Friends of Winthrop Beach host ‘Shark Talk with Doctor Gregory Skomal’

Friends of Winthrop Beach presented “Shark Talk with Doctor Gregory Skomal” on May 9 at the Neil Shapiro Performing Arts Center at Winthrop High School with the hope of inspiring youth to further their education in marine biology, oceanography, and the protection of sharks.

Skomal is an underwater explorer, photographer, aquarist, and author who has been actively studying sharks since 1989.  The shark expert discussed the advanced research tools used to track the movements of the Western North Atlantic white shark population off the shores of Cape Cod: its prime habitat due to the aggregation of grey seals – their main prey.

“I’ve seen such an advancement in the technology that has allowed us to get insight into how these animals live,” said Skomal, marine biologist, Massachusetts Division of Marine Fisheries. “For many years, we thought of them as rare event species, a term used by scientists to talk about an animal we don’t see a lot of. If you don’t see a lot of it, fishermen don’t encounter it frequently, and you don’t know much about the biology, ecology, behavior, or any aspect of that species. For hundreds of years, we have lagged behind in the Atlantic because we could not predictably find white sharks and study them.”

Western North Atlantic white sharks — which can grow up to 19-feet-long and live an excess of 70-years — occur from the Gulf of Mexico to Canada, and have appeared as far north as Newfoundland; but the pioneer research into their basic biology was conducted in Cape Cod by Doctor Frank Carey, of the Woods Hole Oceanographic Institution in the 1970s-early 1980s. Then, white sharks were overly exploited by recreational and commercial fishing; and the seal population was decimated nearly to extinction.

In 1979, while witnessing a white shark feeding on a whale carcass, Carey inserted an acoustic tag to record the animal’s behavior. The three-and-a-half-day glimpse into the biology of the white shark was the first of its kind.

“A short track by today’s standards; but in those days, it was riveting and a landmark paper on a global scale,” exclaimed Skomal. “What I thought was really cool about this is he was also able to tell where the shark was on the water’s continental shelf.”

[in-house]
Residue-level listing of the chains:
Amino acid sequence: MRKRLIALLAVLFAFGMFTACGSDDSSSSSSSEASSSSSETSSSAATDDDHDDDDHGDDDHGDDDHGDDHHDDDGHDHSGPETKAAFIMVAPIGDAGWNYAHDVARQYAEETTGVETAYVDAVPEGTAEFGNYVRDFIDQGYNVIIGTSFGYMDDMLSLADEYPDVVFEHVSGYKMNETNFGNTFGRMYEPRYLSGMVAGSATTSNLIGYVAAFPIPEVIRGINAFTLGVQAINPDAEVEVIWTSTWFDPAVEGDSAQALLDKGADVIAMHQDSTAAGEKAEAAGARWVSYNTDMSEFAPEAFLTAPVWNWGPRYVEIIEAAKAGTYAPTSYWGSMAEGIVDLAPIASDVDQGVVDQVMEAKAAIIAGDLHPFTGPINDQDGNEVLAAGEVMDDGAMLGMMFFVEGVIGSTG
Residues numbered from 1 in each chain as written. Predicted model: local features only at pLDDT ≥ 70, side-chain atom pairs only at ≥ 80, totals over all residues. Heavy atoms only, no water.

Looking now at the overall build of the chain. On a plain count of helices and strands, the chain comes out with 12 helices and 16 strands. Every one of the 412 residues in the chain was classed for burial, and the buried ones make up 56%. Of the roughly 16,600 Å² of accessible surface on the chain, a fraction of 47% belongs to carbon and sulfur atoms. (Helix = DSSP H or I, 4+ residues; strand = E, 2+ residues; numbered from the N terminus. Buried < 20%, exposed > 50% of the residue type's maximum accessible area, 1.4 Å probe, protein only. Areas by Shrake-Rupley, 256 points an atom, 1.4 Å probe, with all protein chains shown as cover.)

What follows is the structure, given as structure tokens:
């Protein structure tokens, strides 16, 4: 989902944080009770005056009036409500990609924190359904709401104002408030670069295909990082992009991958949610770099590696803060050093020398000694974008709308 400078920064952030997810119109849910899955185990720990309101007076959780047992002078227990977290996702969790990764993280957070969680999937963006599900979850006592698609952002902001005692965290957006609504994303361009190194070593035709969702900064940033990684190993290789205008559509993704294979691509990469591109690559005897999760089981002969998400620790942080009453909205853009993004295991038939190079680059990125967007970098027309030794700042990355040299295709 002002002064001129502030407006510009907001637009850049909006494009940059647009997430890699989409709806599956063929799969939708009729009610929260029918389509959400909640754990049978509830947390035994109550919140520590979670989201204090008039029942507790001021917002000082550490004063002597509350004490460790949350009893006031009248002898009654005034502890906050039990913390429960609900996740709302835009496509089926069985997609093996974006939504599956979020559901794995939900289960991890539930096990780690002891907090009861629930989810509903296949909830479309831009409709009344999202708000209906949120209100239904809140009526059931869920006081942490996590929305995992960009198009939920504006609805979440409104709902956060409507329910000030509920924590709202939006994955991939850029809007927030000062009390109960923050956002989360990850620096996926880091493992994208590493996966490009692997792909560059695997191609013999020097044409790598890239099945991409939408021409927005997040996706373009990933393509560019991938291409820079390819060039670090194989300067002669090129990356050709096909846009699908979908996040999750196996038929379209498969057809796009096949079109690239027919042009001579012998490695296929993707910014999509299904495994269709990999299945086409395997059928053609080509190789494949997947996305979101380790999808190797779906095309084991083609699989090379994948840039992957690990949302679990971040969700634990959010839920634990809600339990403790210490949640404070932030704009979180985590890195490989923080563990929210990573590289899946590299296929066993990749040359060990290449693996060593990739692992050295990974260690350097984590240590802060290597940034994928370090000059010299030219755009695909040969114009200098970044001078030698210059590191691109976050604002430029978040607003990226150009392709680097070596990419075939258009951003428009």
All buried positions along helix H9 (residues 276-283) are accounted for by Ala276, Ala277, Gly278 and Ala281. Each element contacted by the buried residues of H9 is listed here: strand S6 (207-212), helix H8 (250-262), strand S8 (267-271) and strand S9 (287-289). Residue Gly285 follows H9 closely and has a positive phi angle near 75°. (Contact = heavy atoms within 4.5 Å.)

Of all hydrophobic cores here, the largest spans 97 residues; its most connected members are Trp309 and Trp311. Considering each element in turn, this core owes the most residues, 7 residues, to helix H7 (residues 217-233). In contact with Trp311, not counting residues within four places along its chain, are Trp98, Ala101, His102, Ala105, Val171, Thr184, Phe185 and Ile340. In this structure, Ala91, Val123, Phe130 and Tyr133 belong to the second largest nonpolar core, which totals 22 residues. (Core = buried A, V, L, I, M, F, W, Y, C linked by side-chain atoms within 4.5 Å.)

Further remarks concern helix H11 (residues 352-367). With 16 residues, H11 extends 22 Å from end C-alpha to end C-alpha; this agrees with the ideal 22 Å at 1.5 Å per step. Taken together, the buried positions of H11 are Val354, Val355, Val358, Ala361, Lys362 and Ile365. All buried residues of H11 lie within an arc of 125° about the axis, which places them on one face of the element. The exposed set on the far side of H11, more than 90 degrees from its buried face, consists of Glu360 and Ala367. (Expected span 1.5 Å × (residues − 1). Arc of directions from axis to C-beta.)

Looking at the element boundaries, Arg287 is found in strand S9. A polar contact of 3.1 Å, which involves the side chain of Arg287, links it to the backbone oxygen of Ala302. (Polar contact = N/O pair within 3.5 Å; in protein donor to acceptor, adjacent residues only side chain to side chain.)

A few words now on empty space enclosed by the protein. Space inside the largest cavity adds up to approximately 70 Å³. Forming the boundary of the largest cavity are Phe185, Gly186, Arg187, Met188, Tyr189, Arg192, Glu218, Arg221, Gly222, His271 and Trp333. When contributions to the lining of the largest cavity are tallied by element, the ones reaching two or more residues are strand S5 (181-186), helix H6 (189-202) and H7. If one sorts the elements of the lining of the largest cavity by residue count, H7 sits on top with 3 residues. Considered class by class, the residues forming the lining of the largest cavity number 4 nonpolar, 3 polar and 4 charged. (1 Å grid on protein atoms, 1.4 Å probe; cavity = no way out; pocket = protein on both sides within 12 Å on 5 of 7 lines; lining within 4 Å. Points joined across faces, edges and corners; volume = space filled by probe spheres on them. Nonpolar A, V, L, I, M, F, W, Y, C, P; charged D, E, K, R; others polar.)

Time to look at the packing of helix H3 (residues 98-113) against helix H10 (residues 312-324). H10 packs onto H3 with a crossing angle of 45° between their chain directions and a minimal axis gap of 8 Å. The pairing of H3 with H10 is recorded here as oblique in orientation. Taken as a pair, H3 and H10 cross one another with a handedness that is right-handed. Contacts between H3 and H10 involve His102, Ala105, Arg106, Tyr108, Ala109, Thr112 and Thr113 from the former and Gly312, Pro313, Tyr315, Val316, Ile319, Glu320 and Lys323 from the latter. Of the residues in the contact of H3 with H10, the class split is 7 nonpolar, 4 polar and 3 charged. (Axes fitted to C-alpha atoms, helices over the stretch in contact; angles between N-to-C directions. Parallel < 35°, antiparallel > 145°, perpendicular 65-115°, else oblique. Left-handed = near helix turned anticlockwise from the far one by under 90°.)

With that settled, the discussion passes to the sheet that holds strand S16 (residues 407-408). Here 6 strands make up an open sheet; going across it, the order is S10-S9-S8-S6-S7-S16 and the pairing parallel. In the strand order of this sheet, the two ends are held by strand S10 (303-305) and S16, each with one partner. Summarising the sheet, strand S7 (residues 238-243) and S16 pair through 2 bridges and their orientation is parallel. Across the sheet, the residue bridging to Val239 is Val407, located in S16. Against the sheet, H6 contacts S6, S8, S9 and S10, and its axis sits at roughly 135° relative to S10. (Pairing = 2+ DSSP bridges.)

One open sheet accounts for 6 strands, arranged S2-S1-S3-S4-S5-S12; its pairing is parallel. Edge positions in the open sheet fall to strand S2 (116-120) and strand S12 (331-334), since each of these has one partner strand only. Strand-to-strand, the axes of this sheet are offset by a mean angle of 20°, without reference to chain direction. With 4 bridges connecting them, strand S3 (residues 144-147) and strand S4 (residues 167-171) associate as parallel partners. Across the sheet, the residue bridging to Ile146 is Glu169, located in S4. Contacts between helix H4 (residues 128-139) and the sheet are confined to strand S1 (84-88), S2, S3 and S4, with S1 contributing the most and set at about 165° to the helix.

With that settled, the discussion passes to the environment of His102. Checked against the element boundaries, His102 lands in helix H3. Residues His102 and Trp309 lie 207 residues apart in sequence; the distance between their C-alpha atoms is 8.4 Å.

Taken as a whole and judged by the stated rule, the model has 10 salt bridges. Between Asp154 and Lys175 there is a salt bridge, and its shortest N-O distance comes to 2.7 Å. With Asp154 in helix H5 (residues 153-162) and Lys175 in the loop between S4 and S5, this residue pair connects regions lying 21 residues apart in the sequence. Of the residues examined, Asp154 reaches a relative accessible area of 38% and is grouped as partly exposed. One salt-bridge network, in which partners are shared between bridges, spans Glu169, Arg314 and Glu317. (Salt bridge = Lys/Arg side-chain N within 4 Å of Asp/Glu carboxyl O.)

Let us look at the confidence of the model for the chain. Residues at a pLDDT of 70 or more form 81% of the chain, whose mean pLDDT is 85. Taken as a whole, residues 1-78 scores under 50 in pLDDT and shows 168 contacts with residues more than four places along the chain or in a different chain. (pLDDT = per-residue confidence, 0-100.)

Those studies had remained the only research scientists knew about the behavior of white sharks until Skomal and his associates began their work in 2009.

Skomal believes that as a result of the U.S. government’s 1997 designation of the white shark as a prohibited species, its population has been rebounding. Additionally, since the Marine Mammal Protection Act of 1972 afforded marine mammals the highest level of protection, seals have begun to recolonize.

“We’re not seeing more white sharks because of climate change; we’re seeing more white sharks because of seals,” Skomal clarified. “White sharks are one of the only species that can affectively attack and kill pinnipeds, a term for seals and sea lions. Where there are breeding colonies and big haul-outs, white sharks will go to those areas at different times of the year, when environmental conditions are ideal to target and feed. Seals are a rich source of energy.”

In 2004, Skomal sensed that white sharks were predictably returning to Cape Cod when a 13-foot-long female spent two weeks in an estuary in the Elizabeth Islands, south of Woods Hole. He inserted a sophisticated satellite tag upon meeting her. Over the course of a half-a-dozen years, Skomal has witnessed the reappearance of more white sharks.

“In the time those two species were gone, Cape Cod evolved from an agricultural community to a more tourist-based economy. Water activities – from surfing, kayaking, paddleboarding, and scuba diving – became very popular,” described Skomal. “When you re-establish a top predator feeding on its natural prey, which sometimes looks like people, you get potential for negative interactions between sharks and people.”

Up until a series of fatal events, Skomal’s studies concentrated on the sharks’ large-scale movements using satellite and acoustic technology. He began focusing on collecting information that could enhance public safety and help swimmers, beach management, and lifeguards become more aware of the presence of sharks.